Rogers Towers: Florida’s Pending Wetland Mitigation Banking Legislation


The Florida Legislature is considering two bills during the 2010 session that would make mitigation bank credits the preferred alternative for offsetting wetland impacts from development projects and would establish a formal assessment determination process for the creation of wetland mitigation banks.

In 2008, the U.S. Army Corps of Engineers and U.S. Environmental Protection Agency adopted rules that established a preference for mitigation bank credits over other forms of wetland mitigation (i.e., in lieu fee, off-site or on-site mitigation). The federal agencies formally adopted the preference for mitigation banking due to the rigorous review by both state and federal agencies ensuring that proposed mitigation banks include i) valid scientifically suitable mitigation plans; ii) mitigation service areas delineating the territory in which each bank can be used; iii) adequate conservation easements or other real property mechanisms for the perpetual preservation of bank lands; and iv) financial mechanisms guaranteeing successful implementation and perpetual management. In summary, the federal agencies determined that mitigation banks are less risky than other forms of wetland mitigation.

Presently, Florida regulations establish a preference for on-site mitigation to offset wetland impacts. However, the Florida Senate is considering Senate Bill 2238, which if approved, would amend Section 373.4135, Florida Statutes, to direct the Florida Department of Environmental Protection (the “DEP”) and the state’s five water management districts to mirror the federal preference for mitigation bank credits. In addition, the Florida House is considering a similar measure in House Bill 1175.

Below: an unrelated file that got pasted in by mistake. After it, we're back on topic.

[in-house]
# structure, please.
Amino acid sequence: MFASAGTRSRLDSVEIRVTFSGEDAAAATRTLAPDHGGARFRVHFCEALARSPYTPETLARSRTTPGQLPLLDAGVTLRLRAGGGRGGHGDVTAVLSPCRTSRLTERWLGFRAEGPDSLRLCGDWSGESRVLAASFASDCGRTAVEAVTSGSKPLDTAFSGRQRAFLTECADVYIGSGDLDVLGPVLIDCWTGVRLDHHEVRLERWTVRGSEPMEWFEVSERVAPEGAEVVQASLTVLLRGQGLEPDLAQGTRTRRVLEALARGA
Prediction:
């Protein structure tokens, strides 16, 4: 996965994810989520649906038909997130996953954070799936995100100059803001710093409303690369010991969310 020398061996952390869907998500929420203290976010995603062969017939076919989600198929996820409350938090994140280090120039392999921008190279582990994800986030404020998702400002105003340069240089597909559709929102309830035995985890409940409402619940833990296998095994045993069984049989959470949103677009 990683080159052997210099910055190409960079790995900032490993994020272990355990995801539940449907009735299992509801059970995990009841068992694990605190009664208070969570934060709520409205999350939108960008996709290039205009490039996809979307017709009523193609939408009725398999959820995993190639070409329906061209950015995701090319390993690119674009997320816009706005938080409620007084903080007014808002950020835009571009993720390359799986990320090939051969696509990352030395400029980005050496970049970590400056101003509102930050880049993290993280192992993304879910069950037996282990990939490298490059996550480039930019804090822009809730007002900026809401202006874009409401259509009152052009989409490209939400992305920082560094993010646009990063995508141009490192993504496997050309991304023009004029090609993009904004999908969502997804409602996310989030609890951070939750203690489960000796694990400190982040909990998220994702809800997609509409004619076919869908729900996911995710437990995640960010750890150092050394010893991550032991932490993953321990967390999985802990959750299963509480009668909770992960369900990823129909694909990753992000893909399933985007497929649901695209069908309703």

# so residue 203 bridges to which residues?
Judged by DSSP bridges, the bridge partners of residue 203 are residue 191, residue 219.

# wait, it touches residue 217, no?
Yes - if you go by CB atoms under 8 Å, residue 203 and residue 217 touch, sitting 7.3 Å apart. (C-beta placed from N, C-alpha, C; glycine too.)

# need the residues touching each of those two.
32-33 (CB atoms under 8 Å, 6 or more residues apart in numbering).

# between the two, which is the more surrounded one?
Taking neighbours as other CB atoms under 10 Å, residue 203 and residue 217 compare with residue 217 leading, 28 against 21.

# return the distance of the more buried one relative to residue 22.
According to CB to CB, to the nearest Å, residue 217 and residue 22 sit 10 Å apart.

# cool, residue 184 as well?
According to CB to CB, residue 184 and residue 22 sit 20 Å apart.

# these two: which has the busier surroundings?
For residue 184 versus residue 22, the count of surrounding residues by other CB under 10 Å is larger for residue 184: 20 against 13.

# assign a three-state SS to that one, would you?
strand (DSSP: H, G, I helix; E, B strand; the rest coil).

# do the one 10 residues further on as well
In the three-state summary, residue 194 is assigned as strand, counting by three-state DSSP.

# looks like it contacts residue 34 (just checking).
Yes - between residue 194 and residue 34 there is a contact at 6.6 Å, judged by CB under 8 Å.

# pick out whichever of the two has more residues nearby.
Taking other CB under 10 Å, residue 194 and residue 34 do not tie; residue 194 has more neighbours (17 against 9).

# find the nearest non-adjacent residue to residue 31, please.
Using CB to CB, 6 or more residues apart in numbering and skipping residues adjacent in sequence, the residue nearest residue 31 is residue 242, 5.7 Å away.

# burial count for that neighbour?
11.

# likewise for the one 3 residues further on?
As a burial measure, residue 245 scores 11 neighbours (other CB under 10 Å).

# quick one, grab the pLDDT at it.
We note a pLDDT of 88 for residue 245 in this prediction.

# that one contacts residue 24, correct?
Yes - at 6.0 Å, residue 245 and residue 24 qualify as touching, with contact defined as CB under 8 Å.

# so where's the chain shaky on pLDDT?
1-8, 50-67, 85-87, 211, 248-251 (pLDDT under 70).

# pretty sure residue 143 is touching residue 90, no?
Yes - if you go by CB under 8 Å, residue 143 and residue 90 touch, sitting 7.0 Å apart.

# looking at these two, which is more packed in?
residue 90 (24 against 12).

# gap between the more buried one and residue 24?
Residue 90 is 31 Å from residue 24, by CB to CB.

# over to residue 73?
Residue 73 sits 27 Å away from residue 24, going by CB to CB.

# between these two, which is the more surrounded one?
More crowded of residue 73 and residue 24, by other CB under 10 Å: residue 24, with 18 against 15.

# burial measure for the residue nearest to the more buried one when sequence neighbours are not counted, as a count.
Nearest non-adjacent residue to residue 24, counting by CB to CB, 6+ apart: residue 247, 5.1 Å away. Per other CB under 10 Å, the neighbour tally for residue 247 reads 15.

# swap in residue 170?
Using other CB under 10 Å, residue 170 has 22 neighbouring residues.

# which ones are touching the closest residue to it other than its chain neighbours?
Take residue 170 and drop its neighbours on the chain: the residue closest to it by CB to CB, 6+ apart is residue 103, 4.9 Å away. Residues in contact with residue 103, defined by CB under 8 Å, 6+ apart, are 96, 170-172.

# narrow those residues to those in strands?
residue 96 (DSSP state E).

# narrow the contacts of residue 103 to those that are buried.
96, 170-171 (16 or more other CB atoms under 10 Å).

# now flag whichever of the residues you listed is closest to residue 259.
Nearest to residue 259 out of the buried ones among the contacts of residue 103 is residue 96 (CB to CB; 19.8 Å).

The bills would also amend Section 373.414, Florida Statutes, to require the DEP to adopt rules that provide a process for obtaining a formal assessment determination of land for potential mitigation bank establishment, pursuant to the uniform mitigation assessment method (“UMAM”). Such formal assessments would i) be binding for up to five (5) years; ii) allow the DEP or district governing board, as applicable, to revoke a formal assessment determination if it finds that the petitioner submitted inaccurate information; and iii) constitute final agency action. A mitigation bank assessment can be sought alone or in combination with a formal determination of the extent of wetlands or other surface waters pursuant to Section 373.421, Florida Statutes.

If enacted, the bills would take effect on July 1, 2010. If you have any questions about this pending legislation, please contact Ellen Avery-Smith.


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DISCLAIMER: Because of the generality of this update, the information provided herein may not be applicable in all situations and should not be acted upon without specific legal advice based on particular situations.

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